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Preparing for the Zika Virus

April 8, 2016 ||

The World Health Organization recently declared the spread of the Zika Virus a global health emergency. We are on the heels of spring and we will soon see pesky mosquitoes all over Missouri. The following is what you need to know about the Zika Virus, and what you can do to be prepared for it.


The Zika Virus was first detected in Brazil in 2015 and had long circulated in Africa and Asia since 2007. The virus is relatively new to the Western Hemisphere and many people have been wondering why nothing’s been done about it yet. Normally symptoms of the Zika Virus are fairly mild. Fever and joint pain are the main symptoms. The issue many individuals are concerned about is Microcephaly.


Microcephaly is a rare condition in which newborns develop abnormally small heads and deformed brains. Over 1000 cases in Brazil have already been identified in which the mother had contracted the Zika Virus and the newborn was born with Microcephaly.


What do we need to do? The good news is mosquito control in the U.S. is better than in Latin America and has been relatively controlled in the U.S. already. What you can do is avoid traveling where the virus is prevalent (Latin America). When mosquito season comes around it’s important that we pay attention to the spread of the virus and how the U.S. has been controlling the spread. Currently Missouri looks in good position to avoid much spread of Zika. This doesn’t mean you shouldn’t take appropriate measures to make sure you are “covered” either by bug sprays or lotions with mosquito repellants.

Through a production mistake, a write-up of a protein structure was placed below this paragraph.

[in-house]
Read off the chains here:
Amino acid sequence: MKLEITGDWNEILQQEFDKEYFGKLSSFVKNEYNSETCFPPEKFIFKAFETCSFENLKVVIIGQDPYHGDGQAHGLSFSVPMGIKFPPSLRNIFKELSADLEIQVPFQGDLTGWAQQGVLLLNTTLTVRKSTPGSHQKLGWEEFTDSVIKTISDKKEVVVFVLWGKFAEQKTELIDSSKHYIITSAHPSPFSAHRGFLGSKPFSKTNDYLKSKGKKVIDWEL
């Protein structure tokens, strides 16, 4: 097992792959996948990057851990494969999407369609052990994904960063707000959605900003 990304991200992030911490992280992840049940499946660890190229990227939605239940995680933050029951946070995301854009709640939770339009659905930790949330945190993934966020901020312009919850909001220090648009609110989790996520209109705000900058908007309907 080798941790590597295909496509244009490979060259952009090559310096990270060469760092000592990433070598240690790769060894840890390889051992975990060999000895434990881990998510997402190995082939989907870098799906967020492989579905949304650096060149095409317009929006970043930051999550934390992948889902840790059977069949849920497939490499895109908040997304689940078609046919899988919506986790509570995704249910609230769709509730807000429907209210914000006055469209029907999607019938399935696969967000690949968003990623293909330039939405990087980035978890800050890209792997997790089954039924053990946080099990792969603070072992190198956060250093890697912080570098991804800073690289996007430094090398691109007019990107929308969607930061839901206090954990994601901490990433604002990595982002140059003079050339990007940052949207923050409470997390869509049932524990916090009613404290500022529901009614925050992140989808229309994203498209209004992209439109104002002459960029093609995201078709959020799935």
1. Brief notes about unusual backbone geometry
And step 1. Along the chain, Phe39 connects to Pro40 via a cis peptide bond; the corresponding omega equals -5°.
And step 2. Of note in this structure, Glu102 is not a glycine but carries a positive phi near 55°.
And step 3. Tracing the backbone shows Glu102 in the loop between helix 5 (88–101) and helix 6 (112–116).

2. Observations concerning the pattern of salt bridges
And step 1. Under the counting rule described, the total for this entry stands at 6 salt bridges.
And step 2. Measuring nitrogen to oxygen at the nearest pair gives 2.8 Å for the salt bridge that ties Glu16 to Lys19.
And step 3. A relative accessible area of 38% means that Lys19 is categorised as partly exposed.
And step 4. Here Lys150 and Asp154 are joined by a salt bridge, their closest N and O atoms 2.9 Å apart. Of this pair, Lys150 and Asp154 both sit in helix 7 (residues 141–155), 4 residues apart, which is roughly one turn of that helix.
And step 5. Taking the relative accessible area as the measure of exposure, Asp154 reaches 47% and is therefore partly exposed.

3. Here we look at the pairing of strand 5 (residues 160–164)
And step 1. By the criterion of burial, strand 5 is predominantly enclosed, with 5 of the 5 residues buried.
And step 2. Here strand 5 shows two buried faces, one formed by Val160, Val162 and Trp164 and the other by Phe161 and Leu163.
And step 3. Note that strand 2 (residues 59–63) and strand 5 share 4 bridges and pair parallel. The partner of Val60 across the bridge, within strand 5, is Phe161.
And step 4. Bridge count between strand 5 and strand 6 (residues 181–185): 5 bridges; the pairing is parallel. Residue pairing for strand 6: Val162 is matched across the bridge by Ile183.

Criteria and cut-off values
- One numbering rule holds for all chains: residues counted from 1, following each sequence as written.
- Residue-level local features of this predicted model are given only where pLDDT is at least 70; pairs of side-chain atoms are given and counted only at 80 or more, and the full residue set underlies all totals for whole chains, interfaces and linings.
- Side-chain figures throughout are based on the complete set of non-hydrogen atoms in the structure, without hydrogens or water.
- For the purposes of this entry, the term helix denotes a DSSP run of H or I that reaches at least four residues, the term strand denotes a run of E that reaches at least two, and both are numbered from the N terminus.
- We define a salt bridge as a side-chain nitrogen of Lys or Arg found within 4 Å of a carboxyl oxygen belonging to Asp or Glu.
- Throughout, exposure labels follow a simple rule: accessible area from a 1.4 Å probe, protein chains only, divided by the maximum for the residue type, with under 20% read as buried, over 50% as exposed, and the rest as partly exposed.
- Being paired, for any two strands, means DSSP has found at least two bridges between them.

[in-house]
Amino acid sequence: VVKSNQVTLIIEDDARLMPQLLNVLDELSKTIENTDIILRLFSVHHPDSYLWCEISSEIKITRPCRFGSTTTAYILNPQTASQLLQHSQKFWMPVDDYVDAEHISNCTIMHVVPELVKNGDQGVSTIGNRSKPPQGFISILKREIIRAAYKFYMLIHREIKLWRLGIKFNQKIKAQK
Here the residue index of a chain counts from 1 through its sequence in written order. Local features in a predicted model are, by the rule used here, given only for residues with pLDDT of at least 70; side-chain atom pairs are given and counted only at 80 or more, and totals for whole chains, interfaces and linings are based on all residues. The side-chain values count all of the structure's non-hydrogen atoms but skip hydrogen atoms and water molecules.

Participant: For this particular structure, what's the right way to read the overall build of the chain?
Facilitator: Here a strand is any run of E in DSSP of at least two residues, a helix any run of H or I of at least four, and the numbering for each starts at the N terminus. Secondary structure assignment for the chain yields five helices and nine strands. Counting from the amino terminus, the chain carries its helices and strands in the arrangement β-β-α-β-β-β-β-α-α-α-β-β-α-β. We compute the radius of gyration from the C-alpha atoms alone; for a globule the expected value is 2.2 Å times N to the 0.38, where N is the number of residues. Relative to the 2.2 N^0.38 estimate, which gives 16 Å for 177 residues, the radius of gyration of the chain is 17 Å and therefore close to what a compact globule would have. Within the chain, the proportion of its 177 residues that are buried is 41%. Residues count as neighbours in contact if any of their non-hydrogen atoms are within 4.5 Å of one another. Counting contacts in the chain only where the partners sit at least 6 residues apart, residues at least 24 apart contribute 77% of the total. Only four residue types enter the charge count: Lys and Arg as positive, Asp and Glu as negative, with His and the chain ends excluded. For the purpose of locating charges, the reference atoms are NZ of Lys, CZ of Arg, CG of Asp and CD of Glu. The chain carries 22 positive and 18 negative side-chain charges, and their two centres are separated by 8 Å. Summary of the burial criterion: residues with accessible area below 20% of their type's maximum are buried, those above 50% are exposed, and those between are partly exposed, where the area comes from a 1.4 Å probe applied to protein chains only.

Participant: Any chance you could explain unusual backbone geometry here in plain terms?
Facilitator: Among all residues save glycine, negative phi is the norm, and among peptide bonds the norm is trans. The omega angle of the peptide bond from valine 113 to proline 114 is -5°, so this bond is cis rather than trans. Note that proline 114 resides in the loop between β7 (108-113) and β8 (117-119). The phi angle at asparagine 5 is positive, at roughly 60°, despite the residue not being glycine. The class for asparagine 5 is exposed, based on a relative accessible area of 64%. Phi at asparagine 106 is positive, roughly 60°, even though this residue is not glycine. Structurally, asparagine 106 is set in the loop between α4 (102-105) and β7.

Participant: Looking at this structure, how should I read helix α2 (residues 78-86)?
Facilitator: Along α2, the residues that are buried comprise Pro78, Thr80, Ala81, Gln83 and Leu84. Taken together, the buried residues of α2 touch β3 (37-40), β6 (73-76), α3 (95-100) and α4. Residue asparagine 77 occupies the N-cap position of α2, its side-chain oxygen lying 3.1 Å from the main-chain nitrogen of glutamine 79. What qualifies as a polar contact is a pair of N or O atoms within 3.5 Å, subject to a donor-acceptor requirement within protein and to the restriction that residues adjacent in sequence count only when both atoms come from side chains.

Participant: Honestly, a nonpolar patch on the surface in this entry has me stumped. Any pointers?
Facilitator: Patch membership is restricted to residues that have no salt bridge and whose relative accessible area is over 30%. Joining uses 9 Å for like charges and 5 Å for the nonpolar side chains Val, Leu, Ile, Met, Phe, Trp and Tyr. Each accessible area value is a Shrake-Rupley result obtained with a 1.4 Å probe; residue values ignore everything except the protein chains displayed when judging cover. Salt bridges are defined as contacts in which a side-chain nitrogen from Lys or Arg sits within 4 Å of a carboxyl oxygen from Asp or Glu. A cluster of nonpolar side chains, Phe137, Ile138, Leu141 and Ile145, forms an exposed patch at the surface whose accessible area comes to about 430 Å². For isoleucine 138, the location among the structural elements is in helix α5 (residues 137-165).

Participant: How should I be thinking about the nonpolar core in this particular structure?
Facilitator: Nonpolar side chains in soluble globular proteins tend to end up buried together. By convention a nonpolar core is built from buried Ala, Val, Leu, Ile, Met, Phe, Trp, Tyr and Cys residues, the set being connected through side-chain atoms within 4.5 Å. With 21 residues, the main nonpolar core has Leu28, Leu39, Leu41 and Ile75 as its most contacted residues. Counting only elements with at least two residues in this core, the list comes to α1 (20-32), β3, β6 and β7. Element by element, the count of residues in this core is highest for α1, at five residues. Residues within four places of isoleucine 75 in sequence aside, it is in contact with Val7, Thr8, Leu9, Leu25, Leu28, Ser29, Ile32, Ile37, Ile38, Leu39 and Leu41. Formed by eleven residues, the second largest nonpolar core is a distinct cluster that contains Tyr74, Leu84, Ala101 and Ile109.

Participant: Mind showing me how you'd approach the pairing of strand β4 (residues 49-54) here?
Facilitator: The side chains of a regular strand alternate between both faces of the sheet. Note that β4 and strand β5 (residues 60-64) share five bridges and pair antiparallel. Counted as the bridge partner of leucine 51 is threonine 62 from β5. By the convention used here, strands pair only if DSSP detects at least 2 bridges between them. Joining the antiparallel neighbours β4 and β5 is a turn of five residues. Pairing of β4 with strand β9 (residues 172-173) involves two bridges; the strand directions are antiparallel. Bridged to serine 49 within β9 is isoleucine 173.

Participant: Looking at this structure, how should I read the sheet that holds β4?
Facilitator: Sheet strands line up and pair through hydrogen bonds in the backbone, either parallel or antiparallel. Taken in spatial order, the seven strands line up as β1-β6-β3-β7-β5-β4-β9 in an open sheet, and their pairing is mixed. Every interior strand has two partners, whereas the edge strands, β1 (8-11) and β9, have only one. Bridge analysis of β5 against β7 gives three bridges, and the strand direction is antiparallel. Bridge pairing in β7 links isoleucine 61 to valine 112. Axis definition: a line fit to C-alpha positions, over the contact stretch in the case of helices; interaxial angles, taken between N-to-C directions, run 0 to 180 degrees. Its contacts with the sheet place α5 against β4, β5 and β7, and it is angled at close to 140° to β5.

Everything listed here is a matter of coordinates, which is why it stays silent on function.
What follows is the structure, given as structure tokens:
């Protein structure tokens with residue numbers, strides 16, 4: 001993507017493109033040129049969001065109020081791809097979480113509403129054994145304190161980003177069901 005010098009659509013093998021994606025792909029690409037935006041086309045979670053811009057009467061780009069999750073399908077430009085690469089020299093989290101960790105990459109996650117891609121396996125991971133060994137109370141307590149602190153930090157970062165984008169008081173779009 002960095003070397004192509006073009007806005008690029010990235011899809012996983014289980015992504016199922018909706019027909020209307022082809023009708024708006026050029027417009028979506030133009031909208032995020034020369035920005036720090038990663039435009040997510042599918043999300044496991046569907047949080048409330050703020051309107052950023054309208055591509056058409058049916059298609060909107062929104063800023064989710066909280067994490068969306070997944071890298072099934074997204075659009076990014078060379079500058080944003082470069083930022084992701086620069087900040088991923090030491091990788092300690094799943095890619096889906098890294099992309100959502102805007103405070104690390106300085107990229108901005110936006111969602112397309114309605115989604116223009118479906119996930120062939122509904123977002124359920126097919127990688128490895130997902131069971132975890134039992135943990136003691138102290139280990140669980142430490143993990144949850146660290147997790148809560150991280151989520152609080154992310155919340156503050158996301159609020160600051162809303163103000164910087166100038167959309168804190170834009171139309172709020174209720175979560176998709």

Some prevention techniques for preventing the spread of diseases from mosquitoes can be:

  • Wearing long-sleeved shirts and long pants
  • Staying indoors with air conditioning
  • Using EPA-registered insect repellents
  • Ridding your property of standing water
  • Treating your clothes with bug repellents


Stay informed and covered and we all should have a safe and happy spring and summer.


Amber Brown Keebler, M.D. is a board certified internist and pediatrician and occasionally writes blogs and articles for Northwest Health Services.


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